Friday, December 18, 2015

Timeless Warrior Mythlogy

Long before Star Wars we had a mythology that was similar to the Jedi Knight's discovery of their full and natural potential in life. It was the story of the Knight fighting a Dragon... and on every scale of the Dragon's body were the words "Thou Shalt"... which means "You Must." 
That command represented everything the Knight was taught about life, and who and what he was supposed to be.
So the Knight faces his fears and fights the Dragon... questioning the perception of reality that he was taught by his family, and by society. 
In doing so the Knight eventually achieves Self Mastery... a realisation of who they are... their true potential as a human being... and how they can live a meaningful and worthwhile life.
The Japanese call this Musha Shugyo - Warrior Quest - and as we all now know from the Star Wars movies, a woman can just as easily become a Warrior Knight too.

Here's a video link to Joseph Campbell talking about The Hero's Journey, which includes Star Wars references : *(4mins)
It's Primal Protection.

Friday, October 9, 2015

Avoidance Tactics : The 3 F's of Elevator Safety

If you’re waiting for an elevator, the doors open and you don’t feel at ease about who you see inside, just take a step back and say that you’re waiting for a friend. FRIEND

If you’re in an elevator and someone gets in who makes you feel uneasy, then simply get out on that floor. FAREWELL

If someone follows you into an elevator and you don’t feel at ease about them, before the doors close say out loud, as if you’re talking to yourself “Oh, I almost forgot”, and immediately get out of the elevator. FORGOT

FRIEND - when you're uneasy about who is already inside the elevator

FAREWELL - when you're uneasy about who gets in when you're inside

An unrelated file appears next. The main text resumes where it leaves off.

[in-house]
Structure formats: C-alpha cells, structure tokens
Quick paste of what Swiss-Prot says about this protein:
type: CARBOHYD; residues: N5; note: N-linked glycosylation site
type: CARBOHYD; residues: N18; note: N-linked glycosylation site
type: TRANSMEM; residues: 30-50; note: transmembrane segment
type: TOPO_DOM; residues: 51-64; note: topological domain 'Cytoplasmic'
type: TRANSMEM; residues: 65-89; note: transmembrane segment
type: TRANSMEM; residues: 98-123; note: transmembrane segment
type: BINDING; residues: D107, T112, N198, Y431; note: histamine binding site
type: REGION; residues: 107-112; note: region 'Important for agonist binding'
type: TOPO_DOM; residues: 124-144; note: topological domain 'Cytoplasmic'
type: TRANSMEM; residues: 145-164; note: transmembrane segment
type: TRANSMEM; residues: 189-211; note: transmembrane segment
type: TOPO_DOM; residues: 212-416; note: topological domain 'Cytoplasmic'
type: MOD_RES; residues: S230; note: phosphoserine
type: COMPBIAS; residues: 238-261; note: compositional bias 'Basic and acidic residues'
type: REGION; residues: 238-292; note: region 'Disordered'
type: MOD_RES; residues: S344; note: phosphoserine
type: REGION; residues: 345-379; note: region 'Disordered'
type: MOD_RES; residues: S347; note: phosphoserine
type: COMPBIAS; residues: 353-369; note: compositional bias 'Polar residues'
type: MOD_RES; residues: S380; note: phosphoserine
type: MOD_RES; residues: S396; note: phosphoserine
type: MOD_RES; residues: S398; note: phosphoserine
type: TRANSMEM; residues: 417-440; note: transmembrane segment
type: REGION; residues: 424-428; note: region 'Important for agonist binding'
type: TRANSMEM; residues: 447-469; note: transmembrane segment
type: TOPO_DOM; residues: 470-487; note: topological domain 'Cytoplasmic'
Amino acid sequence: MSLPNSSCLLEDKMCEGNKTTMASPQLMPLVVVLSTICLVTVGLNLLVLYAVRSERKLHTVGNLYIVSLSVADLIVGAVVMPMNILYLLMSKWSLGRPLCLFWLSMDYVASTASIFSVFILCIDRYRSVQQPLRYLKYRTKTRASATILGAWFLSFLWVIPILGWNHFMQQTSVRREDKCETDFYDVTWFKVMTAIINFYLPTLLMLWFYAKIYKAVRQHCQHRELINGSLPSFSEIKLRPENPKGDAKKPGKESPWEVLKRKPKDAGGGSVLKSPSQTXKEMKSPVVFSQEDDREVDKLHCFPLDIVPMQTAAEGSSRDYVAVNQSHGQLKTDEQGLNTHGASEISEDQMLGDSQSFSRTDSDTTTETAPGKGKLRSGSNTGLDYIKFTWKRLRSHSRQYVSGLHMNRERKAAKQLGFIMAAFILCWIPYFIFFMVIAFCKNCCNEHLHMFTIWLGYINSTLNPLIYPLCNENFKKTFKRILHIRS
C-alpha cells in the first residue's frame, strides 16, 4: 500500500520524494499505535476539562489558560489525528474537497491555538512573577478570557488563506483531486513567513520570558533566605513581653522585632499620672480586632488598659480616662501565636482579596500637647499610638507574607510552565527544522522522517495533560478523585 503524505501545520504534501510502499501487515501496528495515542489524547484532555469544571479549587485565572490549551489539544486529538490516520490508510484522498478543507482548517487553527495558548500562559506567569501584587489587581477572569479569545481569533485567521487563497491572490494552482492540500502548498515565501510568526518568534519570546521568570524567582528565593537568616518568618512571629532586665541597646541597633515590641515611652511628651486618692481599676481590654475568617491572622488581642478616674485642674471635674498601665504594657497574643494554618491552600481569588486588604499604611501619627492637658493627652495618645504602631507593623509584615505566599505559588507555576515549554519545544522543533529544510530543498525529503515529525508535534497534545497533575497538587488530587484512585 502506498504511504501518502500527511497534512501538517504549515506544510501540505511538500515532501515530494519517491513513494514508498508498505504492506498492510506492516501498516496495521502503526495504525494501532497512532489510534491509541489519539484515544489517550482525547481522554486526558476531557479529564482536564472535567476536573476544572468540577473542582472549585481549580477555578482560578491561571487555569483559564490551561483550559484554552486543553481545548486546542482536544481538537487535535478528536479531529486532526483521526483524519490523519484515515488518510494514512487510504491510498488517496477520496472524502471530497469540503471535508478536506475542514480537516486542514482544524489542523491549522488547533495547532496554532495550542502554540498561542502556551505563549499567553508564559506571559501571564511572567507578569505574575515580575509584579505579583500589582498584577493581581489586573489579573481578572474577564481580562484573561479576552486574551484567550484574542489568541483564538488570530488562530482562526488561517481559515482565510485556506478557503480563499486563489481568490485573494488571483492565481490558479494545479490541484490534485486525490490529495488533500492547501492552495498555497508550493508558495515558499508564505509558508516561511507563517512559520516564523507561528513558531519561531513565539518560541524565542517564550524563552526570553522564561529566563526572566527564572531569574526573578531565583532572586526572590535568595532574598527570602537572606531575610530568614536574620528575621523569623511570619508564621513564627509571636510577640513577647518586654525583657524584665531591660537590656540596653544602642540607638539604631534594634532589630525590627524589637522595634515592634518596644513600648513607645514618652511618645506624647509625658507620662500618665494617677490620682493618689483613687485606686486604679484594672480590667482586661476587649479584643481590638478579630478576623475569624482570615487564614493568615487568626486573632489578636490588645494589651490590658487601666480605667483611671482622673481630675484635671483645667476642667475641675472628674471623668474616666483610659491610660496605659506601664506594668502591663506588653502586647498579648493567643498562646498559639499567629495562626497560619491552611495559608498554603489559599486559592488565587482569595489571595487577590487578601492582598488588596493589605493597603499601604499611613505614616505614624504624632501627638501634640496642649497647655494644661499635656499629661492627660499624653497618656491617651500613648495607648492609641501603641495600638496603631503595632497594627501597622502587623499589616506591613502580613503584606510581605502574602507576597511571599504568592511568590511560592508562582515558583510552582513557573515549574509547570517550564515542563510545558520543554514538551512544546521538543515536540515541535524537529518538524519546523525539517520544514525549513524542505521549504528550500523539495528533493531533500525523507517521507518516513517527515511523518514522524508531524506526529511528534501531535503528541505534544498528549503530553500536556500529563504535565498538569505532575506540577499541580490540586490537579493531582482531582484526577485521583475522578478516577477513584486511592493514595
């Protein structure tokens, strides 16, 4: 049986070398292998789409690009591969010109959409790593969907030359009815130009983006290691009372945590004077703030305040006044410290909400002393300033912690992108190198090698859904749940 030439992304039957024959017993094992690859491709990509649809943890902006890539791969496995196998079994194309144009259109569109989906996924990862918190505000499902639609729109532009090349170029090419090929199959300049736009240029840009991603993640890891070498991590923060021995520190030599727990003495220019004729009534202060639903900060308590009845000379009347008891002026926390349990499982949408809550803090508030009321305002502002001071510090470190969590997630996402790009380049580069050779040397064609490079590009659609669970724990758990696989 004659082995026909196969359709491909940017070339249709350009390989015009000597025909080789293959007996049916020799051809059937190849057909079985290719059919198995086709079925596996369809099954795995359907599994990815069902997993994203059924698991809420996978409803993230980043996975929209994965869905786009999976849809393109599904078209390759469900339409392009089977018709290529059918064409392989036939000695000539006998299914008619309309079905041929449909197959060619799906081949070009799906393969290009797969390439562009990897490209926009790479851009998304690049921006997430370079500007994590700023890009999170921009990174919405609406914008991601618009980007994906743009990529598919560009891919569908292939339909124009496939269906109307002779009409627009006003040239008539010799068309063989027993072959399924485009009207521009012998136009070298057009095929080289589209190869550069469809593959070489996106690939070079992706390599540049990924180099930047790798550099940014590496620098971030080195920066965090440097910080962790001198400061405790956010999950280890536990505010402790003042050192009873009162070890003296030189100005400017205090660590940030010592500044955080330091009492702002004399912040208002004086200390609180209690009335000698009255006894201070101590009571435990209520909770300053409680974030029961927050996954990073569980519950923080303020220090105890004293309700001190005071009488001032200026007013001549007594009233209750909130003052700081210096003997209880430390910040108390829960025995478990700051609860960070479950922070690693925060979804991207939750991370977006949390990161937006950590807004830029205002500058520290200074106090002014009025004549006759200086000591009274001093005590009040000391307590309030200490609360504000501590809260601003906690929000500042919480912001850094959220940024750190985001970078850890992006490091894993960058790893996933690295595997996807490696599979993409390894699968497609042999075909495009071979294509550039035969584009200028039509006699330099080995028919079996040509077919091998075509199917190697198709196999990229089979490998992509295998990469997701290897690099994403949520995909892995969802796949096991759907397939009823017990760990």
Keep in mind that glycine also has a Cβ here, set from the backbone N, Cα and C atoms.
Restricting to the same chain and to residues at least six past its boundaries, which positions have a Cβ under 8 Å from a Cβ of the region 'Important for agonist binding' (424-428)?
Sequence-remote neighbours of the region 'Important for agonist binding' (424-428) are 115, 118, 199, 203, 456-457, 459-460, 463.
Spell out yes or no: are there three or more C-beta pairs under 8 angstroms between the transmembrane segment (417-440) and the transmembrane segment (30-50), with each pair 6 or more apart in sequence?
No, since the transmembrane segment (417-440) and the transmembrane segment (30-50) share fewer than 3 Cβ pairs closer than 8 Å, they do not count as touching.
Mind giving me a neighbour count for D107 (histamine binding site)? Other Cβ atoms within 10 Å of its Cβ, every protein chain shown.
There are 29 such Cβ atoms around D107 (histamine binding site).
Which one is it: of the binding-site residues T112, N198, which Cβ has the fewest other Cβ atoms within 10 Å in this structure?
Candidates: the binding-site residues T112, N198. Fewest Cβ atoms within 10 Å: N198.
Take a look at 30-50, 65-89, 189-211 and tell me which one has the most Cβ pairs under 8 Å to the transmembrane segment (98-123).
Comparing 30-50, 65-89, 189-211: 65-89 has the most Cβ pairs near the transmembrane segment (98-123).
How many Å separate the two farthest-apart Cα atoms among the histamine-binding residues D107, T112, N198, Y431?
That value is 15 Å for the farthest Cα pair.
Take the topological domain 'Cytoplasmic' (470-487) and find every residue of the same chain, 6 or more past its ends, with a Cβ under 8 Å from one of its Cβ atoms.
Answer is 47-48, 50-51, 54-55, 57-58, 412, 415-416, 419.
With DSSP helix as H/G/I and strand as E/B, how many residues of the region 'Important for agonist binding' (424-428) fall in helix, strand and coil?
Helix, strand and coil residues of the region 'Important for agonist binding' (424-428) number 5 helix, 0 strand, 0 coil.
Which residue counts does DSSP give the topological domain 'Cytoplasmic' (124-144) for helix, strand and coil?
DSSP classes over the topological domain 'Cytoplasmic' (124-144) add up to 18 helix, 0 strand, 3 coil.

FORGOT - when you're uneasy about who follows you inside.

And it's not just for women!

Thursday, February 12, 2015

Show No Emotion - it's a Psychological Advantage

The photo above is of American Olympic boxer Marlen Esparza, and what makes it perfect for this post is the look on her face.  She's expressing the attitude of a fighter... non-emotional... fearless.

Compare that with the photo below.  Not only is the businessman expressing extreme emotion (anger), he has raised his fist outside of his body-frame. 
Why is that important?  Well together those features indicate that he's out of control (emotionally)... that he wants to appear bigger than he actually is... and that deep down, he isn't completely confident in his ability to carry out his threat. 
In short his aggressive display is a desperate attempt to trigger fear and submission in his victim.

Below another example of the same thing. This time the gesture is a pointed (stabbing) finger... but once again it's raised outside of his body-frame... which is an indication that the man wants to appear bigger and more threatening than he actually is... and that he isn't completely confident in his ability to actually carry out his threat.

This kind of display is something that's common in all primates - and that includes human beings. 
To understand what I mean, imagine a chimpanzee jumping around, waving its arms and screaming loudly. The chimp doesn't really want to fight (in case it gets injured or killed), so it tries to avoid a confrontation by using big threatening gestures and lots of noise.
However, in this example the man's face is non-emotional, and his pointing (stabbing) gesture is inside his body-frame. These are indications that he is deadly serious. 
This is called a primal threat indicator... and it's something that registers at an unconscious level with people.
So why is a lack of emotion and keeping your arms inside your body-frame so threatening? Well there are three very important reasons :
  • extreme outbursts of anger indicate that the person is out of control... and on a primal level that's considered to be a weakness
  • human beings naturally fear 'the unknown'... so if an adversary shows no emotion, then we don't know what to expect from them